Crime-fighter was a mother to all

Veronica Cloete, the deputy chairperson of the Beacon Valley sub-forum of the Mitchells Plain Community Police Forum, passed away on Wednesday April 8.

Veronica Cloete, the deputy chairperson of the Beacon Valley sub-forum of the Mitchell’s Plain Community Police Forum who passed away earlier this month, was not just a crime-fighter but she was also a mother to all who knew her.

Ms Cloete, 68, from Beacon Valley suffered a severe and fatal heart attack on the morning of Wednesday April 8.

Her husband Richard said the day before she had had an appointment at the eye clinic in Kuils River at 10.30am. Here she was also tested and cleared for Covid-19.

“She came home, slept and later prepared the fish for Good Friday. She waited for her favourite soapie 7de Laan and a new programme after that. Her time to come to bed was 10pm but she came to bed and said her chest was paining,” he said.

“The pain became severe, she asked our daughter Erica Williams to pray for her and asked the family to join her,” Mr Cloete said.

They rushed her to Mitchell’s Plain Community Health Care Centre in Eastridge in the early morning hours but she had a heart attack in the car that was fatal.

Mr Cloete said his wife loved her grandchildren and great-grandchildren very much. Ms Cloete was a grandmother of 13 grandchildren and two great-grandchildren.

“The neighbours in our street saw her as a mother. Most of the younger children in the street she enrolled at school as most of their parents were working at the time,” he said.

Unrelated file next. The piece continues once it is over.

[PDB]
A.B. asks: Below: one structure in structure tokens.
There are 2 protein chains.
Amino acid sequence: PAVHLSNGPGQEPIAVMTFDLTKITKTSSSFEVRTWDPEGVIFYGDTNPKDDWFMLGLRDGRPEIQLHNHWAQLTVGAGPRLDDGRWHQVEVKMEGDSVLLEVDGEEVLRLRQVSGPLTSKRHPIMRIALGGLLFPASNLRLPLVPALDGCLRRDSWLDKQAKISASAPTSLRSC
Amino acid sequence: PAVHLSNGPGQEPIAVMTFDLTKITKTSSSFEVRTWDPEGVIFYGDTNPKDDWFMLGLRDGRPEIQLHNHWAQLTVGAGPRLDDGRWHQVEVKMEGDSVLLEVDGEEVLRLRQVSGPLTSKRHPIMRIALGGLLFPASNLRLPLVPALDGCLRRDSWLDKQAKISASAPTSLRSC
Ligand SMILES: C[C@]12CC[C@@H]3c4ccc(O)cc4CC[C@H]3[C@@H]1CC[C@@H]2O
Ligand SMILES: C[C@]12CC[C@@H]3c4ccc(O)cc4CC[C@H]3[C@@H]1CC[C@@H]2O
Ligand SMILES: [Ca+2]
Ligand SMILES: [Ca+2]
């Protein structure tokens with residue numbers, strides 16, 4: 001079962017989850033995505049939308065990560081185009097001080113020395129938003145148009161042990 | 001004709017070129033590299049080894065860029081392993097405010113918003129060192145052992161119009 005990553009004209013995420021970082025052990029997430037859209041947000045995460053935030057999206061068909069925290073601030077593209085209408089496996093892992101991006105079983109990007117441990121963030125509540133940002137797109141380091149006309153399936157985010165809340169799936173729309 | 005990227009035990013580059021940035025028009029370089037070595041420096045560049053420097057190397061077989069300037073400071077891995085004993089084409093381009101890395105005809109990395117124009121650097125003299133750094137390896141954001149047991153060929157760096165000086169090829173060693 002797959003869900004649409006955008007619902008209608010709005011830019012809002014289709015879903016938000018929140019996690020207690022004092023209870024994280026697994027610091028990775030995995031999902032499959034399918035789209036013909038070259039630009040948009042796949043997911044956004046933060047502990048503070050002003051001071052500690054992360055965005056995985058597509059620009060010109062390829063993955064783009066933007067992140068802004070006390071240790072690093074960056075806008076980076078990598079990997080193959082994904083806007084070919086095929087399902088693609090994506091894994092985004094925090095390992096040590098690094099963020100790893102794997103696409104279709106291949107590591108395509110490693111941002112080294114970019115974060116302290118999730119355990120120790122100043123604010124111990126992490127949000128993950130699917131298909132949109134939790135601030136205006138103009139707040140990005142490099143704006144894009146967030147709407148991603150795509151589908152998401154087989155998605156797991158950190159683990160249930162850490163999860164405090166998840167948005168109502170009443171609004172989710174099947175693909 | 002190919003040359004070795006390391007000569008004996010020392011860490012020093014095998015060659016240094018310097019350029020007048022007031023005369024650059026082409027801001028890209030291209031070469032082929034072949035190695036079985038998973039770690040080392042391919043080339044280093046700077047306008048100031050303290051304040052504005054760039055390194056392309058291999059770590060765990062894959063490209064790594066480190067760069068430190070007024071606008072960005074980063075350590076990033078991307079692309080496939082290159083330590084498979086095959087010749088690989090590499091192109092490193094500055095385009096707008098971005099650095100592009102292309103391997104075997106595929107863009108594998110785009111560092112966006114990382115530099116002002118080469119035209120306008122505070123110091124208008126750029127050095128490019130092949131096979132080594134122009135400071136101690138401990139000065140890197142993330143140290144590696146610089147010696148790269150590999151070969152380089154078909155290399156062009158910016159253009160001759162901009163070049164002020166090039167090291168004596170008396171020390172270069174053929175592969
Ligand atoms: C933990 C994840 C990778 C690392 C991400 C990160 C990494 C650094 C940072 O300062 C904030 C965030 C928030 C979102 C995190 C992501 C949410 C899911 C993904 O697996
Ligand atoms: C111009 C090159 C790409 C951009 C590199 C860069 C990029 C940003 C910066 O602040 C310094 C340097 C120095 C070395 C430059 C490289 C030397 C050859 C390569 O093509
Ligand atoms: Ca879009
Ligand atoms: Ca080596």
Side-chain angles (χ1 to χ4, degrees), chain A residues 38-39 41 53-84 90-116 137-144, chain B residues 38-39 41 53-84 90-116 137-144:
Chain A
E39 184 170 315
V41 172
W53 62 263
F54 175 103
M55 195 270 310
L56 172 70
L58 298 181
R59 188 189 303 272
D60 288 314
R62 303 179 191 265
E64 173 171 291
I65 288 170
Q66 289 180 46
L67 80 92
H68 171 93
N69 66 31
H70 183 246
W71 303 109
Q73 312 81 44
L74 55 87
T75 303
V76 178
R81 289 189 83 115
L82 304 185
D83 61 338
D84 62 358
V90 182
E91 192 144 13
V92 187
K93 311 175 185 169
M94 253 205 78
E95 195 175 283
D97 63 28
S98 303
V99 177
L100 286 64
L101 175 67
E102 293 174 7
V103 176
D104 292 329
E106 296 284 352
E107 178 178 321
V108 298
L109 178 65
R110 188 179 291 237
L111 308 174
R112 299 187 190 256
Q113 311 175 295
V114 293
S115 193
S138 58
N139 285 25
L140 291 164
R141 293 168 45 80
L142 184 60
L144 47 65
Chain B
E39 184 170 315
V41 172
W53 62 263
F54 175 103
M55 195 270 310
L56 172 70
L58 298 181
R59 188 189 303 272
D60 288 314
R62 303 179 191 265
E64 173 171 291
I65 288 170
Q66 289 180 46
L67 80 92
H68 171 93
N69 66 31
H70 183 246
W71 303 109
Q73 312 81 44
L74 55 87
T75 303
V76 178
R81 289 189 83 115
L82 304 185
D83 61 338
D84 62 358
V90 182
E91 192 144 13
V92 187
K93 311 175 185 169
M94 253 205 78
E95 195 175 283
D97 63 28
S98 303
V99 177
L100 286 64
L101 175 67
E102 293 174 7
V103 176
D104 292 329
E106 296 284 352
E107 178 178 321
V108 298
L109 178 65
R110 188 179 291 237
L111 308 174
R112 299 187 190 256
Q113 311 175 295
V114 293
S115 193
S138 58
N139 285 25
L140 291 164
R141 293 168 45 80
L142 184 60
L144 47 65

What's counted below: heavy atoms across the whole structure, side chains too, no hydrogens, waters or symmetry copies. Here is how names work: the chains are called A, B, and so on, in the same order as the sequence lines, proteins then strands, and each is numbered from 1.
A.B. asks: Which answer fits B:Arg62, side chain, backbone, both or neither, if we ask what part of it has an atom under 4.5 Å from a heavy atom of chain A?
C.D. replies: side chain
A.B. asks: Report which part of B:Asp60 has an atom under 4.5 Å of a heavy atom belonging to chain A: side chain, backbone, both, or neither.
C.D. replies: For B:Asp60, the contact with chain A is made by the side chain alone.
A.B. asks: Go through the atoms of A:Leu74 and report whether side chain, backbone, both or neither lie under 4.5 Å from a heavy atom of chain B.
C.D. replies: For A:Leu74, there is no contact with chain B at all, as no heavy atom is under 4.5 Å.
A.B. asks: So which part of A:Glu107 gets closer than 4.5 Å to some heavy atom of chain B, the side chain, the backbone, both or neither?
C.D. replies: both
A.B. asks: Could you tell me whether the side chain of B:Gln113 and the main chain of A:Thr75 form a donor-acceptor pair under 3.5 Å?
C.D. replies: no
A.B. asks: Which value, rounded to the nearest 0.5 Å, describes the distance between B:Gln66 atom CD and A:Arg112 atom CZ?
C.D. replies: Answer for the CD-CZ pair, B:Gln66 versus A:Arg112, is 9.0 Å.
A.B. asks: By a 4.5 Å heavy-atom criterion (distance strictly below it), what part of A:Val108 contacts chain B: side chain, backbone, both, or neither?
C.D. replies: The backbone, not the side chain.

Ms Cloete, who completed a certificated counselling course in 2003 with the Family and Marriage Society of SA (FAMSA) in Athlone, put her skills to use in the community, being part of the victim support unit at Mitchell’s Plain police station where she helped victims of abuse.

A crime-fighter for more than 11 years, Ms Cloete was also a founding member of the Beacon Valley Bambanani project, which consisted of volunteers safeguarding the community in various ways.

“She was always for the community; she did not refuse to help people. She would counsel the victims of abuse and crime if they needed it,” said Mr Cloete.

Daughter Annelise Jantjes said her mom had an open-door policy.

“My mom would give her last. She would help those who needed assistance with rent, rates, to name a few. She used her own money to help who she could. She gave so much of herself to other people,” she said.

Ms Cloete did flowers, decorations and arrangements for special occasions.

Those who could not afford to pay for it, would invite her to their functions so that she could do the flowers.

As a tribute to their mom, her daughters did the flowers for her funeral and burial in Retreat on Friday April 17.

Adam van Wyk, chairperson of the Beacon Valley sub-forum, said Ms Cloete was the deputy chairperson for many years and was one of the founding members of the sub-forum.

“She was a straightforward lady when it came down to work. She didn’t speak much but she was a doer. She did outstanding work, especially when we were out. She also loved working with the children of the community,” he said.

“Our mother volunteered her life to others,” said Ms Williams. “She received many certificates for all her hard work and dedication to people.”

Mr Cloete said his wife’s wish was for volunteers to at least receive a stipend for their work.

The family will host a memorial service for Ms Cloete after the lockdown period for those who could not attend the funeral because of lockdown regulations.